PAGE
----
Korra turns into a child in the spirit world temporarily, helps a damaged spirit, and meets good ol’ Uncle Iroh from Avatar: The Last Airbender. This brings up more questions than answers. For instance, what is the afterlife for people of this universe? Just passing on to the spirit world? Why aren’t there more dead people around?

Also, Korra and Iroh and some spirits basically have a tea party, which makes it all too much like the tea party with the Mad Hatter in Alice’s Adventures in Wonderland. And Korra shrinks and grows like Alice… Did I mention I hate Wonderland?

Even if you like Wonderland, you’re unlikely to like this Wonderland knock-off.

The spirit world in Avatar: The Last Airbender was so much better, because it stayed mysterious and kind of creepy. In Season 2 of The Legend of Korra it lost its cryptic quality.

Ending

The ending sucks.

It introduces the concept of a dark avatar to the canon, which is honestly a mistake. The Vaatu and Unalaq combo is laughable even if it is destructive. It’s like the series jumped genres and became an animated Godzilla vs. Kong. It ends just about how you would expect – with Korra the victor and Unalaq vanquished in a bloodless way.

The real tragedy is that Korra permanently loses contact with her previous Avatar lives. It’s basically like someone hit the reset button on the Avatar cycles. It’s a horrible consequence that fans will be lamenting for seasons to come.

A cooler consequence is that Korra leaves the spirit portals open and spirits integrate with Republic City and the rest of the world.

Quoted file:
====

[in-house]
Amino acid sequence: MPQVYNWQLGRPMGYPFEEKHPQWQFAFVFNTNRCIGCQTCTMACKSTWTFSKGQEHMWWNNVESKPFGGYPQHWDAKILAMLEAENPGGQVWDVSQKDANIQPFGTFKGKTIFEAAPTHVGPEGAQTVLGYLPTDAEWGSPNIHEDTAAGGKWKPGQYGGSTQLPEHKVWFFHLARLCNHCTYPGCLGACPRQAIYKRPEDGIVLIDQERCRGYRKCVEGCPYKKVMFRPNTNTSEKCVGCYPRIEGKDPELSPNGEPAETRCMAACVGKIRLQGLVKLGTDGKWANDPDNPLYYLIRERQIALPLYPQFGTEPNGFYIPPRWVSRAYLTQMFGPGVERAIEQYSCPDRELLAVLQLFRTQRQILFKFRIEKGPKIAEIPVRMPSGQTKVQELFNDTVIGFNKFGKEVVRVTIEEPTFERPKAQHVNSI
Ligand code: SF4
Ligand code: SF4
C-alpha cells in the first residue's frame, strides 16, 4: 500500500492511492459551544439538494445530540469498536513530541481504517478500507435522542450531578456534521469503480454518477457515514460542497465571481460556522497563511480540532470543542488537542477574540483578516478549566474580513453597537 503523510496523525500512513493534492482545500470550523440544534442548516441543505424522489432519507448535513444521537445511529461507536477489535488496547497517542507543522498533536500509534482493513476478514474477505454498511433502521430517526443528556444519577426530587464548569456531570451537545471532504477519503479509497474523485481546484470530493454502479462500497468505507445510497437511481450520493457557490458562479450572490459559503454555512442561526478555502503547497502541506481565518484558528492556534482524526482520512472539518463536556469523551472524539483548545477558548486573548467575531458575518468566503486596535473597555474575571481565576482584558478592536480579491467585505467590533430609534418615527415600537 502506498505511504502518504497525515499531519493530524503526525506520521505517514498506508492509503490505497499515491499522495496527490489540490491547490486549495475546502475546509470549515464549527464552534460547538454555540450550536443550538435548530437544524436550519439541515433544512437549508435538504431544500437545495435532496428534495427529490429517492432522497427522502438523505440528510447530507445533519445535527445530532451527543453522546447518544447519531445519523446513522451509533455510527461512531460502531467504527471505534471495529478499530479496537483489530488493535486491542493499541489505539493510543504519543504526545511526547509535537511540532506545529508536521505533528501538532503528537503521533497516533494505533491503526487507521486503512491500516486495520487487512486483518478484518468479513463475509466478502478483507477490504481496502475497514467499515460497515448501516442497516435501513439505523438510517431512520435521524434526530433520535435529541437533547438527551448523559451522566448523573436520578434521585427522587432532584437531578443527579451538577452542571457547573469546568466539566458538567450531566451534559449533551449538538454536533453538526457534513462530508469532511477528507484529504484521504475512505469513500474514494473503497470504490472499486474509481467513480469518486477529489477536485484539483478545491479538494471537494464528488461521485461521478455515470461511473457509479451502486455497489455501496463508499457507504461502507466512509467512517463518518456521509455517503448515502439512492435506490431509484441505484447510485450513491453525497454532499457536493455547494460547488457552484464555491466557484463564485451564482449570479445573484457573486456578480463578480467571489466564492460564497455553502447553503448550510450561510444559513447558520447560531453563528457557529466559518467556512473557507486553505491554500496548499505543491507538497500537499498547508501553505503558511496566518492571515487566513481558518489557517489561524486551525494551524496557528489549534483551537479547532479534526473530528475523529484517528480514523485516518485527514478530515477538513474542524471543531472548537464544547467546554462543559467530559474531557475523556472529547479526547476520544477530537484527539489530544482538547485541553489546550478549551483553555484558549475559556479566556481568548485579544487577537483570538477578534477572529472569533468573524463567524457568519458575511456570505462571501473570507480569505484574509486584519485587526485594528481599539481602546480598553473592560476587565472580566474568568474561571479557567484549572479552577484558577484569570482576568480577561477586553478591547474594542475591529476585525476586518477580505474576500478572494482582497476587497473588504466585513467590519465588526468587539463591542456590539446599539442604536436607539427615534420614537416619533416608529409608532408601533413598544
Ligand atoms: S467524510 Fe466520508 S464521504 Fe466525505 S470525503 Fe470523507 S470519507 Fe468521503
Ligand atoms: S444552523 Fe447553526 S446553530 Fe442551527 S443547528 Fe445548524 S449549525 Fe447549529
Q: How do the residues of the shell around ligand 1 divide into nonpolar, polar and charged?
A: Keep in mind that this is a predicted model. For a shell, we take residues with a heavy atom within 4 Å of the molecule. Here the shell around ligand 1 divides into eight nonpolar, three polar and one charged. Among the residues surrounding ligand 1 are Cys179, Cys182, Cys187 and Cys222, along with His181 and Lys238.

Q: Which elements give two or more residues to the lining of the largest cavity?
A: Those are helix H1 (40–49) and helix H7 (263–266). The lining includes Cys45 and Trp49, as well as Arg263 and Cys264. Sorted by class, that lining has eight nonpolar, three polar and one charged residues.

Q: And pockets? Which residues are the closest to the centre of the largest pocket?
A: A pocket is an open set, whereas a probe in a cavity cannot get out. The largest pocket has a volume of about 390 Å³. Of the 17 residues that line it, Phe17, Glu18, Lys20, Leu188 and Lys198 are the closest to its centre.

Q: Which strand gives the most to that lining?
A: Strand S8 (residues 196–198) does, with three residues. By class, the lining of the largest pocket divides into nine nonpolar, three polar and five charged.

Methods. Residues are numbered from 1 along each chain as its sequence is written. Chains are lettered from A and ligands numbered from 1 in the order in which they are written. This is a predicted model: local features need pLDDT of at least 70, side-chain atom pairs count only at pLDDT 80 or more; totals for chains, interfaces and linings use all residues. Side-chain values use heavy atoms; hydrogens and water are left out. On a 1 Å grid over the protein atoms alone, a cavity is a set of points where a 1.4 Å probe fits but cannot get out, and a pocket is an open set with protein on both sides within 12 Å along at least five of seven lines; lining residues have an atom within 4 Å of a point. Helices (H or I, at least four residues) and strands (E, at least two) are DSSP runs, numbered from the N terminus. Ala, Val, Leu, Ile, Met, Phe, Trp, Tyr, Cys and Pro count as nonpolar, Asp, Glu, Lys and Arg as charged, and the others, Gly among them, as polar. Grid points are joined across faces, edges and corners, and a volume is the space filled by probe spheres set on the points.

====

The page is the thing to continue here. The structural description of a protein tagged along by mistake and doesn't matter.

Animation

The animation is a little bit nicer in this season than in the previous season. When telling Avatar Wan’s story, the animators changed the style. I like that choice as it feels liked it amped up the feeling of storytelling. The style was elsewhere surprisingly consistent considering two different studios were working on it.

Music

The music had a somber quality appropriate for the more spiritual themes of this season.

Conclusion

I wouldn’t recommend watching Season 2. This review says enough about the season to be able to move on to Season 3 with no problem. If you’ve already watched it…then sorry, I guess. Unless you liked it. Some people do.

Honestly, I think this season was appropriate for most people ages 10 and up.

Rating System

If you are interested in how I rate show, check out my rating system.

Links

Related Articles

Shows

A Supernatural Summer Adventure

Spoiler-Free Show Review:

Gravity Falls Season 1

Rating: 9.5 out of 10 stars

Intro

When my sister wanted me to watch Gravity Falls, I was skeptical about whether I would like it. It looked like an uninteresting kids show or like it would have a style of humor I wouldn’t be a fan of. However, it has become one of my favorite shows.

Background

Gravity Falls Season 1 was released in 2012-2013. It stars the voice talent of Jason Ritter, Alex Hirsch, Kristen Schaal, and Linda Cardellini.

It can currently be watched on Disney Plus.

Summary

Twins Dipper and Mabel Pines travel to Gravity Falls, Oregon to stay with their great uncle Stan for the summer. While there, they are involved in all sorts of paranormal adventures.

Pros

  • Loveable characters
  • Unique villains
  • Interesting supernatural beings
  • Touching character dynamics between the twins
  • Entertaining setting
  • Clever and amusing dialogue
  • Fun animation
  • References to other shows and pop culture
  • Continuity between episodes unlike in some cartoons
  • Enjoyable for adults and children alike